Day 375: Odyssey Again

10.01.10:

Here’s what you need to do to get a visa for Sudan:

  • Have two hours sleep
  • Taxi to Sudanese Embassy
  • Queue up at the window
  • Be told to get a letter from own embassy
  • Go to British Embassy
  • Pay $50 for a photocopy of a letter explaining why the British Embassy will not write a letter
  • Back to Sudanese Embassy
  • Queue up again
  • Give them letter explaining why the British Embassy will not write a letter
  • Take application form
  • Fill out application form
  • Panic that you’ve given your Africa Lonely Planet to Mandy and consequently don’t know what to put down on the form for where you’re going to stay.
  • Queue up again
  • Be told that you have to photocopy the filled out application form
  • Go down the road and get application form photocopied
  • Queue up again
  • Be given slip to take to Window 2
  • Queue up again, this time at Window 2
  • Be told that you can’t pay in Egyptian pounds – must be in US dollars
  • Go find a bank
  • Queue up in the bank
  • Change your Egyptian pounds into US dollars
  • Back to Sudanese Embassy
  • Queue up again at Window 2
  • Hand over the extortionate $105 visa fee
  • Be given receipt
  • Queue up again at Window 1
  • Hand over passport, application form, photocopy of application form, 4 photocopies of passport and 4 photographs, letter from British Embassy explaining why they will not write a letter and receipt for payment
  • Be told to come back tomorrow
  • Say you need it today
  • Hold your breath
  • Be told to come back at 3pm
  • Breathe a sigh of relief.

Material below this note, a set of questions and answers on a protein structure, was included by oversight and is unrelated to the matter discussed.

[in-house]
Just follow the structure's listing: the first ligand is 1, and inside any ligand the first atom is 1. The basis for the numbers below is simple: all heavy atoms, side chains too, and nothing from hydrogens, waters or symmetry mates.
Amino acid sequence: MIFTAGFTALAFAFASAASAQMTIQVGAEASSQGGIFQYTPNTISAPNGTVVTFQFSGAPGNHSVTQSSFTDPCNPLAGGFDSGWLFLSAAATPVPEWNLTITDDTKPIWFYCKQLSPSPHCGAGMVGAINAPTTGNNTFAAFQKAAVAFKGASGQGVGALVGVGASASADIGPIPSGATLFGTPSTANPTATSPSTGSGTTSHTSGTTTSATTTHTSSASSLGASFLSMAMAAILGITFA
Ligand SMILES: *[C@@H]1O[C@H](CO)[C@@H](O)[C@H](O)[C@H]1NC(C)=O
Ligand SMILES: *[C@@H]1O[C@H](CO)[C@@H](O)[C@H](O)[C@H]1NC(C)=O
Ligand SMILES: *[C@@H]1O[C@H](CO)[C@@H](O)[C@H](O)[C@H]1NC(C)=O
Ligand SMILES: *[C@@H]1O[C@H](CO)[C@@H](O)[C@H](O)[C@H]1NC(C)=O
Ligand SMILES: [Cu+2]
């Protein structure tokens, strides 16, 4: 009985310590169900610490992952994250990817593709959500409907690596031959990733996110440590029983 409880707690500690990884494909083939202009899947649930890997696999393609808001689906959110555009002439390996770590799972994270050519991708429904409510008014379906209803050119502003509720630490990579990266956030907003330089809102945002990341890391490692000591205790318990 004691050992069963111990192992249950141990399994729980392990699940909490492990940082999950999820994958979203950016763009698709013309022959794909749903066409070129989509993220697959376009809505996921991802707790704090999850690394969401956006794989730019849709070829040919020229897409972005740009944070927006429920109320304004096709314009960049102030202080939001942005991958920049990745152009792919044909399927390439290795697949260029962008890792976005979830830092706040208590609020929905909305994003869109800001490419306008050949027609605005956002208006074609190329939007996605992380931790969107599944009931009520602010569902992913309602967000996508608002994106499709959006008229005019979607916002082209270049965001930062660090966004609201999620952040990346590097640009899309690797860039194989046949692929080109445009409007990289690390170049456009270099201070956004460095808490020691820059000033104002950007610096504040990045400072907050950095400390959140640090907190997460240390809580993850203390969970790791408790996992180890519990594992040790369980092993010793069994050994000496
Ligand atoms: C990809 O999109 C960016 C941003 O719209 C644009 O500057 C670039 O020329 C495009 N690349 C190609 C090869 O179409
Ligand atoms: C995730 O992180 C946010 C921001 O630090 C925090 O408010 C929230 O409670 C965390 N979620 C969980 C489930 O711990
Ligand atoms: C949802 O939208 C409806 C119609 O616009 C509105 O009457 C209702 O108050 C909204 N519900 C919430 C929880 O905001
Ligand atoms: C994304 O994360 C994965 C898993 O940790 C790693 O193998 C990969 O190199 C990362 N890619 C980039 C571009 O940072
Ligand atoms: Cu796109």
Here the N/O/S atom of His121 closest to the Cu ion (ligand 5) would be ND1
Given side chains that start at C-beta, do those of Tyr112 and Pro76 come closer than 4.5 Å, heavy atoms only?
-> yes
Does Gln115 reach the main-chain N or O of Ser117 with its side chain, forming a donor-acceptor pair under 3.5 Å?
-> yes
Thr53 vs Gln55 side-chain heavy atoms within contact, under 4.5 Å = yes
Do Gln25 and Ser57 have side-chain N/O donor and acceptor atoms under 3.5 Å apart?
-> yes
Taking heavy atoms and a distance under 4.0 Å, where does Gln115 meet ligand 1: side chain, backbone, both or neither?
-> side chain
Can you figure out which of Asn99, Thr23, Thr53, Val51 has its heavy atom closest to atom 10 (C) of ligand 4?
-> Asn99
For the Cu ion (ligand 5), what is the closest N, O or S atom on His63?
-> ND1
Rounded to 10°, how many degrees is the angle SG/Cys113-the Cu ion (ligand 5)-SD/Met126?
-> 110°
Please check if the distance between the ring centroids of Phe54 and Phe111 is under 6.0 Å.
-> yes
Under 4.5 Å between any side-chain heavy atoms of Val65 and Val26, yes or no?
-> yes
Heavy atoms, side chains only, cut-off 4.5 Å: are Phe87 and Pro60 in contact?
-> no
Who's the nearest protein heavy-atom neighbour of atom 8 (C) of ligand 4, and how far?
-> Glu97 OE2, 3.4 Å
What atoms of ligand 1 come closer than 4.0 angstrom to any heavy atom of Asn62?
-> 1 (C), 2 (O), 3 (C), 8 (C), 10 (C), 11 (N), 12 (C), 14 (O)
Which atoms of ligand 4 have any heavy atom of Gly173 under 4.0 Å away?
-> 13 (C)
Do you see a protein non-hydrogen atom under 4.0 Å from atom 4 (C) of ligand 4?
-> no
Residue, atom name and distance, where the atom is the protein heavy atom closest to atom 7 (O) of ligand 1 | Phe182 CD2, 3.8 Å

That was my morning, but there was still much stuff to do. You see, I needed my visa today because the only way to get into Sudan from Egypt is on the ferry across Lake Nasser from Aswan to Wadi Halfa and the ferry only goes once a week – and it leaves on Monday, which is tomorrow. I needed to get the night-train to Aswan, so I headed over to Ramses train station and MORE BUREAUCRACY!

  • So I go to the Information Desk
  • Walk all the way to the far platform of the station
  • Queue up in the wrong queue
  • Queue up in the right queue
  • Be told that the train is fully booked
  • Asked for a ticket for the train which leaves from Giza station instead
  • Be told can only buy that ticket from Giza station
  • Head back to the information desk
  • They suggest I take the expensive sleeper train
  • I visit the sleeper train office
  • That will be $60 please
  • Attempt to pay with Egyptian pounds
  • No, you have to pay in dollars
  • Walk half an hour to the nearest bank in the blazing noontime sun
  • Queue up in bank
  • Change more Egyptian pounds into US dollars
  • Back to station
  • Be told that the sleeper train is now sold out
  • Threaten to kill everyone in the room with a staple gun
  • Be told that they have one ticket left
  • Buy ticket

The whole process took about two hours.

Then I (foolishly) took a cab back to the Sudanese Embassy (I should have taken the subway). We got caught in traffic more jammed than Bob Marley jamming in a jar of jam. I got back to the Sudanese embassy at 3.10pm, worried that I was ten minutes late. An hour and a half later, they gave me my passport back. I was glad I rushed.

So… back to the Sara Inn to pick up my bags and to eat some kushari. Said my goodbyes and headed off to the station for my train. Despite all the hoops that I had to jump through, today went rather well, I thought. The train was less hilarious than I thought it would be, there was no booze and the fresh-faced young Kontiki tour groups were happy to crash out at 11pm, what with kids these days? Bunch of wusses.

I shared a cabin with a guy from New York named John, who (let’s not beat around the bush here) was Forrest Gump – how anyone let him go to Egypt on his own is beyond me. Perhaps his mum was in the next room. I mean, he was a nice enough guy, but give an Egyptian an inch and they’ll take a mile – this time tomorrow, I’d be surprised if he had any money left. I did my best to answer his questions about whether the train conductors were nice in the UK (the answer is no), whether they had trains in Australia and why the Giza touts were so mean.